Tracking Churn to get to Profitability
Published on December 21, 2018
Project: Catalyst Fund
Sokowatch’s experience integrating a retention dashboard
At Catalyst Fund, we have helped 20 inclusive fintech startups move from idea to prototype, to the product, to profitability. It may surprise some to learn that the indicator we watch most closely is user retention or churn.
Retention measures the percentage of active users over time and tells us whether customers are sticking around or peeling off to find other solutions or products.
Retention gives us a snapshot of how well a startup is doing at any given moment, and tracking its evolution over time shows us how well the startup is progressing along its product-market fit journey. Product-market fit (PMF) is a methodology to help startups get from an idea to a viable product that is ready for market/scale. Many startups fail along this journey because they do not achieve PMF before investing in scale; they misinterpret revenue growth as evidence for PMF and declare victory too quickly, ignoring problems with churn. Time and time again, we have seen that product-market fit — as demonstrated by low churn — drives startup success and that its absence is lurking behind almost every failure.
Tracking Retention Curves
The graph below illustrates the retention curve for an individual cohort (a group of customers with a shared characteristic, for example, their month of activation). It visualizes retention by showing the percentage of users who return over time on the Y-axis, and time since first use on the X-axis (typically measured in weeks or months). By tracking the retention curve over time across cohorts, a startup can measure its progress towards PMF.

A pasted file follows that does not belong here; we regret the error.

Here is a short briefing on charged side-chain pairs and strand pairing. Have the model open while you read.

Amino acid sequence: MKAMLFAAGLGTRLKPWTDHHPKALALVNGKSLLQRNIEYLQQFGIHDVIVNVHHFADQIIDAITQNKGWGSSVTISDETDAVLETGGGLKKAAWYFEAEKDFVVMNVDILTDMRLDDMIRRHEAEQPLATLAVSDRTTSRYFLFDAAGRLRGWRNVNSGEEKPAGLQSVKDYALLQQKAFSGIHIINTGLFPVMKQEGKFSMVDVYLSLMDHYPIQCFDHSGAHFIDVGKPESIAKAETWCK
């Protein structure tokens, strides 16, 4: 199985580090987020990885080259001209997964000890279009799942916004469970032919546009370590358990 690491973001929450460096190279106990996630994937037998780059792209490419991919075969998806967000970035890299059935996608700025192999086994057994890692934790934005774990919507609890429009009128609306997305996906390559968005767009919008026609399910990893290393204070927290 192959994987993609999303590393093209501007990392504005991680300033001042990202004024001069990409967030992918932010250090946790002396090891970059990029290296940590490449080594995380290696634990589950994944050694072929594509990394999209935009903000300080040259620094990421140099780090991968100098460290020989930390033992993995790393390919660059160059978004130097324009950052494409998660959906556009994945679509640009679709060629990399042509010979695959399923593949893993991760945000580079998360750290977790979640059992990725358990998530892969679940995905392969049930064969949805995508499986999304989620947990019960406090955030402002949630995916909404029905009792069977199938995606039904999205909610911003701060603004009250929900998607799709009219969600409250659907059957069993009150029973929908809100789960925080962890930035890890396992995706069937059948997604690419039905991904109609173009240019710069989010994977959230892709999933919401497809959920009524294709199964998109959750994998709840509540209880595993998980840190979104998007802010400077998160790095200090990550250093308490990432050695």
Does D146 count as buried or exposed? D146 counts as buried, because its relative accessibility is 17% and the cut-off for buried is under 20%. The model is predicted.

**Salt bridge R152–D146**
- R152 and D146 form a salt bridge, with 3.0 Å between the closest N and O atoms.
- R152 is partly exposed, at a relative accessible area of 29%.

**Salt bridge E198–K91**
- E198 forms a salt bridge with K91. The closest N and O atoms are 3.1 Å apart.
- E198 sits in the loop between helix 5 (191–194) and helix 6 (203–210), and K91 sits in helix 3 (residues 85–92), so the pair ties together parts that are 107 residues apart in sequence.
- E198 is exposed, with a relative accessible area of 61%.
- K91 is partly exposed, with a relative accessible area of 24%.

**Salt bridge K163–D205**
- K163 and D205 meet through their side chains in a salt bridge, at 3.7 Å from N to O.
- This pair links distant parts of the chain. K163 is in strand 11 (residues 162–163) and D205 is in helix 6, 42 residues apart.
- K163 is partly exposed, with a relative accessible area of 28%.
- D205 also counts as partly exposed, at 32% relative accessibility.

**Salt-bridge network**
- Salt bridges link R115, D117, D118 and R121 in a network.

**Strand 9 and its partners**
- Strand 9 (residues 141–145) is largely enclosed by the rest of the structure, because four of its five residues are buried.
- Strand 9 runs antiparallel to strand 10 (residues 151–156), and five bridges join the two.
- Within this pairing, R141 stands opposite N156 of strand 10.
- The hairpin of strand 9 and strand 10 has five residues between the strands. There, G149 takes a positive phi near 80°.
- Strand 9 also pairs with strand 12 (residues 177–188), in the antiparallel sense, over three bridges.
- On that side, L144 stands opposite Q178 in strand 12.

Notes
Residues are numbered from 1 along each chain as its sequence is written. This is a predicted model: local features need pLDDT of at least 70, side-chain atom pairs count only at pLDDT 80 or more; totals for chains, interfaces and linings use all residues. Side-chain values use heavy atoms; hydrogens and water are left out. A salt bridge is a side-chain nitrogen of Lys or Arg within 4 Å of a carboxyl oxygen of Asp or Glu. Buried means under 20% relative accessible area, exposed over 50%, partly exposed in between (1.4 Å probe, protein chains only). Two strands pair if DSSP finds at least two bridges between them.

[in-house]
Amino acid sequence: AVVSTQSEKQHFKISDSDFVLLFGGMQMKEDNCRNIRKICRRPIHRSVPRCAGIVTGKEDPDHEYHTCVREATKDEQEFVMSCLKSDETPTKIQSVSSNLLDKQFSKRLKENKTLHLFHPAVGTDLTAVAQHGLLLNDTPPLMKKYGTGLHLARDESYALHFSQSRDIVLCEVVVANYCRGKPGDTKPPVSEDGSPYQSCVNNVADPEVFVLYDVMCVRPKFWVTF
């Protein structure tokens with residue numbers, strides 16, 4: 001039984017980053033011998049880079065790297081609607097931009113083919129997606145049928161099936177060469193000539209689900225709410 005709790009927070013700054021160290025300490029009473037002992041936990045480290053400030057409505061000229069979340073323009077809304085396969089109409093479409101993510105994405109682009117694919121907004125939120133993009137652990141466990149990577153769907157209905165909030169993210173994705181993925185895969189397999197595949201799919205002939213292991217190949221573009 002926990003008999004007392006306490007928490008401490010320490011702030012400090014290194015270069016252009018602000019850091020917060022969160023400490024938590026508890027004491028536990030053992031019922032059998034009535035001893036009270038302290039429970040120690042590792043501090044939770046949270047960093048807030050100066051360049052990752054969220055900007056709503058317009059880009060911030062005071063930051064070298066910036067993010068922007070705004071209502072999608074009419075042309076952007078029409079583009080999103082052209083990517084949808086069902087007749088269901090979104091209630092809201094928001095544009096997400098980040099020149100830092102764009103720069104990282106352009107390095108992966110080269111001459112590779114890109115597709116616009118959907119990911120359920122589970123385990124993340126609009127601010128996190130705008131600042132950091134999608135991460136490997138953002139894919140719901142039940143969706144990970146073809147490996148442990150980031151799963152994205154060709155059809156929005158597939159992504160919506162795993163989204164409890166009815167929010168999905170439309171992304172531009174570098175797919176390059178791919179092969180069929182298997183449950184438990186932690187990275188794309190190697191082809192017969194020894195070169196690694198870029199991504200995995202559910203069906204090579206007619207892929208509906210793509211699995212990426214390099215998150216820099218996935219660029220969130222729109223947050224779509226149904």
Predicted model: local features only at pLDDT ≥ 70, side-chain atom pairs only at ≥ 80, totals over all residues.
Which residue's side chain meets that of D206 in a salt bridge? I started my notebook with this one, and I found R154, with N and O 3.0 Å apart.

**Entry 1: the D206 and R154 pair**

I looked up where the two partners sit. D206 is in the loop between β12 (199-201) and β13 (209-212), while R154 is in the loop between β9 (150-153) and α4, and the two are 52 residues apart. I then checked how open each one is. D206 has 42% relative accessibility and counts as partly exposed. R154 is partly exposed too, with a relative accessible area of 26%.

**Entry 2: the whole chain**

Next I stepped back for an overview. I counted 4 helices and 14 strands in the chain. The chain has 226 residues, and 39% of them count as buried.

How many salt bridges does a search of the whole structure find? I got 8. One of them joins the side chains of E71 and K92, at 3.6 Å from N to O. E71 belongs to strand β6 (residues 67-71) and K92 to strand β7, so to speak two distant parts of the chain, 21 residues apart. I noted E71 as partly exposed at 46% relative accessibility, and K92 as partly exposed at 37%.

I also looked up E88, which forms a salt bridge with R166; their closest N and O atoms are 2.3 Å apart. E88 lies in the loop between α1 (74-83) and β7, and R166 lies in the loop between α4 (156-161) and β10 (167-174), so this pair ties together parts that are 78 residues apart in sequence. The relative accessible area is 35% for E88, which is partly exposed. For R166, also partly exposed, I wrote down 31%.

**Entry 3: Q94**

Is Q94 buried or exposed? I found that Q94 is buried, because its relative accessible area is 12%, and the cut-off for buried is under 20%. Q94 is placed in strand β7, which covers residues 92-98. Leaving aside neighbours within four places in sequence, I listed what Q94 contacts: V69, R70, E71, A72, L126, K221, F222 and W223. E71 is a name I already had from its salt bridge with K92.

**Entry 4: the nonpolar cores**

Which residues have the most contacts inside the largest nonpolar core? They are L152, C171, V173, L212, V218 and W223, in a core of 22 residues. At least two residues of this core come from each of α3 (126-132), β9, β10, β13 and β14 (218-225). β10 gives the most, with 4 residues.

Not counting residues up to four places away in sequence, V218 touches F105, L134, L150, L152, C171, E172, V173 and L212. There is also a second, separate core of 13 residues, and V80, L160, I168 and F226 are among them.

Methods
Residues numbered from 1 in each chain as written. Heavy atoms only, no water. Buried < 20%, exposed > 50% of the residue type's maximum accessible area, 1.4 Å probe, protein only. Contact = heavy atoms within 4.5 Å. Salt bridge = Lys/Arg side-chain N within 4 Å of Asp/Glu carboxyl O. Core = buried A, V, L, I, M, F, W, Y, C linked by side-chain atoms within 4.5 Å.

A startup should aim for a retention curve with the shape of the blue line. It has a downward slope in the beginning because we do not expect that 100 percent of customers will return to purchase again, and because we expect a delay between purchases. The initial downwards slope shows that it takes some time for an initial group of customers to convert into a stable base of users who can drive sustainable medium- to long-term revenue. The flat part of the line shows that, after an initial drop off, customers return and the customer base stabilizes.
While the blue line is the goal, it is normal for startups to have retention curves that look like the green line early in their PMF journey. At the beginning, startups are focused on growing their user base and acquiring customers. They tend to spend less energy on refining the product offering, finding the right commercial offer, and establishing the operational model, so they tend to lose customers after the first sale. Generally, this initial acquisition ramp-up is messy since the company is a new machine that is evolving on many axes simultaneously. As a result, indicators are noisy, meaning that it is difficult to identify and diagnose problems with retention. However, as startups refine their product, they need to shift their attention so that their retention curves improve as customers become loyal users.
Improving Retention at Sokowatch
Catalyst Fund portfolio company Sokowatch is an e-commerce platform that sells products and services to informal retailers across emerging markets in East Africa. When Sokowatch joined Catalyst Fund, it was experiencing moderate levels of churn; 20 percent of new users only purchased one time. These shopkeepers would purchase on the platform, but they weren’t becoming regular customers.
It was initially difficult to identify the retention problem because growth in sales to new customers was masking it. Sokowatch was acquiring on average 300 new users every month. The number of monthly active users almost tripled between 2017 and 2018, and existing customers were spending more each time they purchased, driving consistent growth in revenue per user each month. Every week and month brought a new record in sales.